Vaping: The New High School Epidemic

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Vaping: The New High School Epidemic

A man using an e-cigarette.

A man using an e-cigarette.

Lindsay Fox

A man using an e-cigarette.

Lindsay Fox

Lindsay Fox

A man using an e-cigarette.

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For almost 20 years, cigarette smoking has been on the decline among teenagers. It’s expensive, unhealthy and it’s just not cool anymore.

In recent years, however, students have decided that while cigarettes aren’t so cool anymore, maybe vaping is.

Vaping, (or the smoking of e-cigarettes), is a relatively new type of tobacco use introduced around 2007 to help people quit smoking. For middle and high school students, however, it has done the opposite.

Cigarette smoking and tobacco use had, overall, been on the decline among underage students.

According to the U.S. Department of Health and Human Services, use peaked in 1997 and has gone down every year since 1999. Much of that progress, however, has been reversed thanks to e-cigarettes.

Vaping has become an epidemic for students across the country, as it has become the most common form of tobacco use among them.

Until recently, these e-cigarettes have mostly been unmonitored by the Food and Drug Administration (FDA). Due to the prevalence of vaping among teenagers, that lack of involvement from the federal government’s part has begun to change.

The FDA announced on April 24 that they’ll be taking action to curb the sale of vape products to minors, following an “undercover blitz” in which the agency discovered many violations on the part of both online and physical stores.

“Since it’s an unmonitored substance, we do not know what’s in there,” said Clinic Assistant Karen Thimsen.

What one would find in a typical JUUL starter pack.

One vape company that is particularly under fire at the moment is JUUL Labs, a company that has become known as the cool teen vape brand’ for its supposedly discrete, flash drive-shaped vapes and fun flavors of e-liquid colloquially known as vape juice or pods.

In an official statement, the company said it is not targeting teenagers with their products.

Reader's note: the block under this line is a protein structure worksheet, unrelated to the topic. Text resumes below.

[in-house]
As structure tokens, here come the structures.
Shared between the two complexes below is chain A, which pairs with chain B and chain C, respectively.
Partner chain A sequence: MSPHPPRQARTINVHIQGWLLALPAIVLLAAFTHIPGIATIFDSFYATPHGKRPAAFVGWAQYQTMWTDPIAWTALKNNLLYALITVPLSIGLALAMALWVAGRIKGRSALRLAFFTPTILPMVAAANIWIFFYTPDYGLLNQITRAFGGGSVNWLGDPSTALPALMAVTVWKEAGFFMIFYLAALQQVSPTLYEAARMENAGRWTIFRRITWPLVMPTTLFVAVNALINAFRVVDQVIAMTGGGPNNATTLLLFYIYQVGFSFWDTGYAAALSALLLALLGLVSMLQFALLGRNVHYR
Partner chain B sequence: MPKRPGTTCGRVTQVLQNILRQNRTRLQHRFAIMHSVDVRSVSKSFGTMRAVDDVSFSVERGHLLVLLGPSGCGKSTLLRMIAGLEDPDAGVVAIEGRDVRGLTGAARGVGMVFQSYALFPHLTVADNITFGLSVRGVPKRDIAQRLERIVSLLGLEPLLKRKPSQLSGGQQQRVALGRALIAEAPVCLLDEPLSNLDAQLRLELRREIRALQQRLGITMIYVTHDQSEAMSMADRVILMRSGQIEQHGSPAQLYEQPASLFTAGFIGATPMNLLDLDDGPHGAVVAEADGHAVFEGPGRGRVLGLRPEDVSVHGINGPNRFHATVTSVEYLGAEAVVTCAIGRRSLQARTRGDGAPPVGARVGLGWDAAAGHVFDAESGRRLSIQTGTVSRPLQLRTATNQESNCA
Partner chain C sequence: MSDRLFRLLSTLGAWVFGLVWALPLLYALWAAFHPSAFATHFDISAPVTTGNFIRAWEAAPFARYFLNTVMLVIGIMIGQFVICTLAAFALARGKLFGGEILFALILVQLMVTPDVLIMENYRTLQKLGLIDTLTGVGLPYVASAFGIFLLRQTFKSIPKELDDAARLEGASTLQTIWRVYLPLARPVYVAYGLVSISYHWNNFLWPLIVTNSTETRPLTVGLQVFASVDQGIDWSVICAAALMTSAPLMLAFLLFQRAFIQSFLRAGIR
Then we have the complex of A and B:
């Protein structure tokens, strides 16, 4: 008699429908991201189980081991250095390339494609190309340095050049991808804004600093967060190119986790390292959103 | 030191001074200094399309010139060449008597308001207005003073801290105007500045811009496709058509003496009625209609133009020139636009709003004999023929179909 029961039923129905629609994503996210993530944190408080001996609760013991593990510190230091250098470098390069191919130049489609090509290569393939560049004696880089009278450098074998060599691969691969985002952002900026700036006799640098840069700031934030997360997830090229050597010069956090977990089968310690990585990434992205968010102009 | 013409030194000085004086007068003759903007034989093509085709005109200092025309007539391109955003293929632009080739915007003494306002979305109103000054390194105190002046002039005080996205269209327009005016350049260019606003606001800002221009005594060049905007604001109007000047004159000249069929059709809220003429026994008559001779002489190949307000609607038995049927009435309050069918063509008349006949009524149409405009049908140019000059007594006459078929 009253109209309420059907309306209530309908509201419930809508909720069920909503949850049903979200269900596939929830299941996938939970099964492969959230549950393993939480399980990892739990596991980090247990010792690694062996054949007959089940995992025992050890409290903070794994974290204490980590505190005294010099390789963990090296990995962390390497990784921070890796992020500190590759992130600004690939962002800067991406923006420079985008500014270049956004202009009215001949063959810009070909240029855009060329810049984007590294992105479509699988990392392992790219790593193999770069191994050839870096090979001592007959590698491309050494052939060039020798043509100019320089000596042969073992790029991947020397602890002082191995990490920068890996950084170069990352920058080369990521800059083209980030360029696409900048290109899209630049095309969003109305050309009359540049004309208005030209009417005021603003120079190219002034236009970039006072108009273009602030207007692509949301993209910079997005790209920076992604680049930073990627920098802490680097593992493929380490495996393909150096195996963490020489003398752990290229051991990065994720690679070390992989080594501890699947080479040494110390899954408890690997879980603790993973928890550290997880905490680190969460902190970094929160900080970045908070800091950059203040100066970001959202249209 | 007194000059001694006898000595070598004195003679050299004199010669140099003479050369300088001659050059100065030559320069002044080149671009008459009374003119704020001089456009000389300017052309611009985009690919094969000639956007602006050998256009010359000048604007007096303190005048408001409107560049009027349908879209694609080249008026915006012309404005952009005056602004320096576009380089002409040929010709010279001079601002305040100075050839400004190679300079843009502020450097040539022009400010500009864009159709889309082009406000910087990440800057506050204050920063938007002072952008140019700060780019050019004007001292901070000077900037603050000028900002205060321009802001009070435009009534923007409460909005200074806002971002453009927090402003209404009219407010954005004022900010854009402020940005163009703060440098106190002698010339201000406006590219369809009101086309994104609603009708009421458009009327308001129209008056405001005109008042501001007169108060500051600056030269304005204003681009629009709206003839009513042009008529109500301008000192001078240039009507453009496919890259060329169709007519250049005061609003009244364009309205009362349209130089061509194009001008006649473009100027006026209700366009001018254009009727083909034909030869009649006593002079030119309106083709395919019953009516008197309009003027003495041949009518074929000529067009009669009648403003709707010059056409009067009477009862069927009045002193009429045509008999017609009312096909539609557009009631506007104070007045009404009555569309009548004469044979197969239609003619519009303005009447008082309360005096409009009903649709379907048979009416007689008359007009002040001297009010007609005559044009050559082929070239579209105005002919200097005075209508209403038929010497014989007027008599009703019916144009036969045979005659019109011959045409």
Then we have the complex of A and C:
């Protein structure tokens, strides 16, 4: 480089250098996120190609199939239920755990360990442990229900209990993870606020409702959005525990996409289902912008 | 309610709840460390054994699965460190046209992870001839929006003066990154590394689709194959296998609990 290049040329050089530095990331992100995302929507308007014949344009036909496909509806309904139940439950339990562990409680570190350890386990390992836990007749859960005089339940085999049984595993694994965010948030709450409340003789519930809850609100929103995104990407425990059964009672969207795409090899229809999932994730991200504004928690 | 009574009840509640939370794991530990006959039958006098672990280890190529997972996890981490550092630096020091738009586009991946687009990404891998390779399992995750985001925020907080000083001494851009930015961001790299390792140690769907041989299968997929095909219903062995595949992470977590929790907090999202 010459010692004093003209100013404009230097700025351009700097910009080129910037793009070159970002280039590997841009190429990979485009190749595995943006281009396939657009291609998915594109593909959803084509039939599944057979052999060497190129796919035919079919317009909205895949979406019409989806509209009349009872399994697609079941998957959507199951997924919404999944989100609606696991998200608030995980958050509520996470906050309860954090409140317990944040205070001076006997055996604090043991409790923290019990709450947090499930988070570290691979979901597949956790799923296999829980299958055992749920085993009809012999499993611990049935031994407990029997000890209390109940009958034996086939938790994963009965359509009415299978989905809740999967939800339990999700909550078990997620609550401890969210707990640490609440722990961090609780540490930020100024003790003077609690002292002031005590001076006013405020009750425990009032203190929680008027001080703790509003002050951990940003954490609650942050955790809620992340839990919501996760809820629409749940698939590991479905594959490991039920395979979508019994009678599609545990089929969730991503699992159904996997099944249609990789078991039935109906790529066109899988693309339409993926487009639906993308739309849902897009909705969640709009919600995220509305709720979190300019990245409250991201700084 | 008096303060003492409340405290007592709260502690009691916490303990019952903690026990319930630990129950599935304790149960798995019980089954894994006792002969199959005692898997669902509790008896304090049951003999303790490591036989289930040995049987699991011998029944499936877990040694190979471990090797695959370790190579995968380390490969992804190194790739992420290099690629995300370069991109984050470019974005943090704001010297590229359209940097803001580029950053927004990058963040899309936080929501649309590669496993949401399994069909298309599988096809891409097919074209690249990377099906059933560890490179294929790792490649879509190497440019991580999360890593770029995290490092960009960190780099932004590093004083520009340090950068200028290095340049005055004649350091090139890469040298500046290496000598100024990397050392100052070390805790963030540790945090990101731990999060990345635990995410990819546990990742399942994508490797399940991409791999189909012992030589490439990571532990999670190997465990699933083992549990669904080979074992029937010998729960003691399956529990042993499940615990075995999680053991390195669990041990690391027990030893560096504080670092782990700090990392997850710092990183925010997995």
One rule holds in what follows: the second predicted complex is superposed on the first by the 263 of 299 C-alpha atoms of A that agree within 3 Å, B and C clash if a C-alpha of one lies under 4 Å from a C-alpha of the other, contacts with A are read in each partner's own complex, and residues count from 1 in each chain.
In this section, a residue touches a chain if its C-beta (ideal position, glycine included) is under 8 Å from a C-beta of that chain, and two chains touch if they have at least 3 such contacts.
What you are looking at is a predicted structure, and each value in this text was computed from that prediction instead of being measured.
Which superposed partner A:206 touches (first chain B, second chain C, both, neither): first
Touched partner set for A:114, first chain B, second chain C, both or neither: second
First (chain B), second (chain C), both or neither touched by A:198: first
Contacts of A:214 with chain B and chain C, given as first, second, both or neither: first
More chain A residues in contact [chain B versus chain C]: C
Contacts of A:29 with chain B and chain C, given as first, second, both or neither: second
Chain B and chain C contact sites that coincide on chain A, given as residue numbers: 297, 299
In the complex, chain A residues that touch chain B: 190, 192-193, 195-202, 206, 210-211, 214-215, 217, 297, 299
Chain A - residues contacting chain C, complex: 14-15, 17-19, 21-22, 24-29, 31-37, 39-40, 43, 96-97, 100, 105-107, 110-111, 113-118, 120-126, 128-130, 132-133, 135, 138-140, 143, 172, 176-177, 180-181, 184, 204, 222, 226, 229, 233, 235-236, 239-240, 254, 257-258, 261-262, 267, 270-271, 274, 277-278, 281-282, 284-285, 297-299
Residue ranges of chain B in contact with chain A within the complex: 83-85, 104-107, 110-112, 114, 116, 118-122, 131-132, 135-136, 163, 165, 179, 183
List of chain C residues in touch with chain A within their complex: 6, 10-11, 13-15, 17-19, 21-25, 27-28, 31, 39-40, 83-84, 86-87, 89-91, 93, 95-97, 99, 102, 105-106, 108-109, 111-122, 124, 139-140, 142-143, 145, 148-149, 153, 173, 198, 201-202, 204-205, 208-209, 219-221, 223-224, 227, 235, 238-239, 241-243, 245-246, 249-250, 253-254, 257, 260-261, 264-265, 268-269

That stated intent, however, hasn’t stopped JUUL from becoming one of the most popular types of vapes among teenagers, as “juuling” has now become a verb for teens. 

School Resource Officer Terrance Floyd receives vape devices that are confiscated from students.

“Earlier in the school year, I probably received at least one per week from an administrator,” said Floyd. “Once the students realized that there were consequences for vaping and the devices were confiscated, the number of incidents began to decrease.”

When a device is confiscated from a student, Floyd said, it’s destroyed and never returned. Floyd said he thinks this contributes to the decline in incidents as the school year goes on.

Literature teacher Donna Wrinkle, who runs detention, said she thinks the notion of getting in trouble for vaping, in school, has turned some students off the notion of doing it.

“I do believe that Friday night school deters a lot of students,” Wrinkle said.

Not all students, however, are stopped by the risk of getting in trouble or receiving detention.

Sophomore Mason Fletcher, who sees students vaping at school “at least once a day,” said the most common places to see students vape are in the bathroom or during class.

“People will go to ridiculous lengths to think they’re cool because they will do it in class when the teacher turns their back,” said Fletcher.

Vaping has become so common, in fact, that students make comments about it that sound like jokes, but you know they are probably not kidding.

While walking in the halls, students will sometimes joke that someone should vape in a bathroom to relieve it of its bad smell.

Thimsen said she has researched the health effects of vaping on her own to find out if any long-term studies exist, but, as of yet, she has not found any such studies.

She also said that even if vapes contained no harmful substances whatsoever, the action of just smoking or vaping can stunt students’ young, developing lungs.

Despite the lack of long-term studies, there have been some short-term investigations into the makeup of e-liquids.

In February, in a study done by a group of environmental health scientists at Johns Hopkins University and Columbia University, e-cigarettes were found to be a potential source of toxic metals.

E-liquids can contain trace amounts of these metals, but the study found those levels were much higher when the e-liquid was actually heated on the vape’s metal coil.

In addition to this potential health risk, Floyd said he’s seen students experience negative reactions to certain e-liquids.

One thing multiple staff members have agreed on is that students should refrain from vaping in or out of school.

“If I were a student, I would be dubious of the effects [of vaping], because it is all still new,” said Wrinkle.

Others in the school worry that vaping will lead to a resurgence of tobacco addiction in the school.

“I think a lot of people think it’s not a big deal,” said Assistant Principal Kim Premoli.

Premoli said it seems as if students believe vaping is safe but also said it’s always dangerous to not know what you’re putting in your own body.

Floyd said he recommends students to stay away from vaping altogether.

“School is not the place to experiment; it’s the place to learn and grow,” said Floyd.

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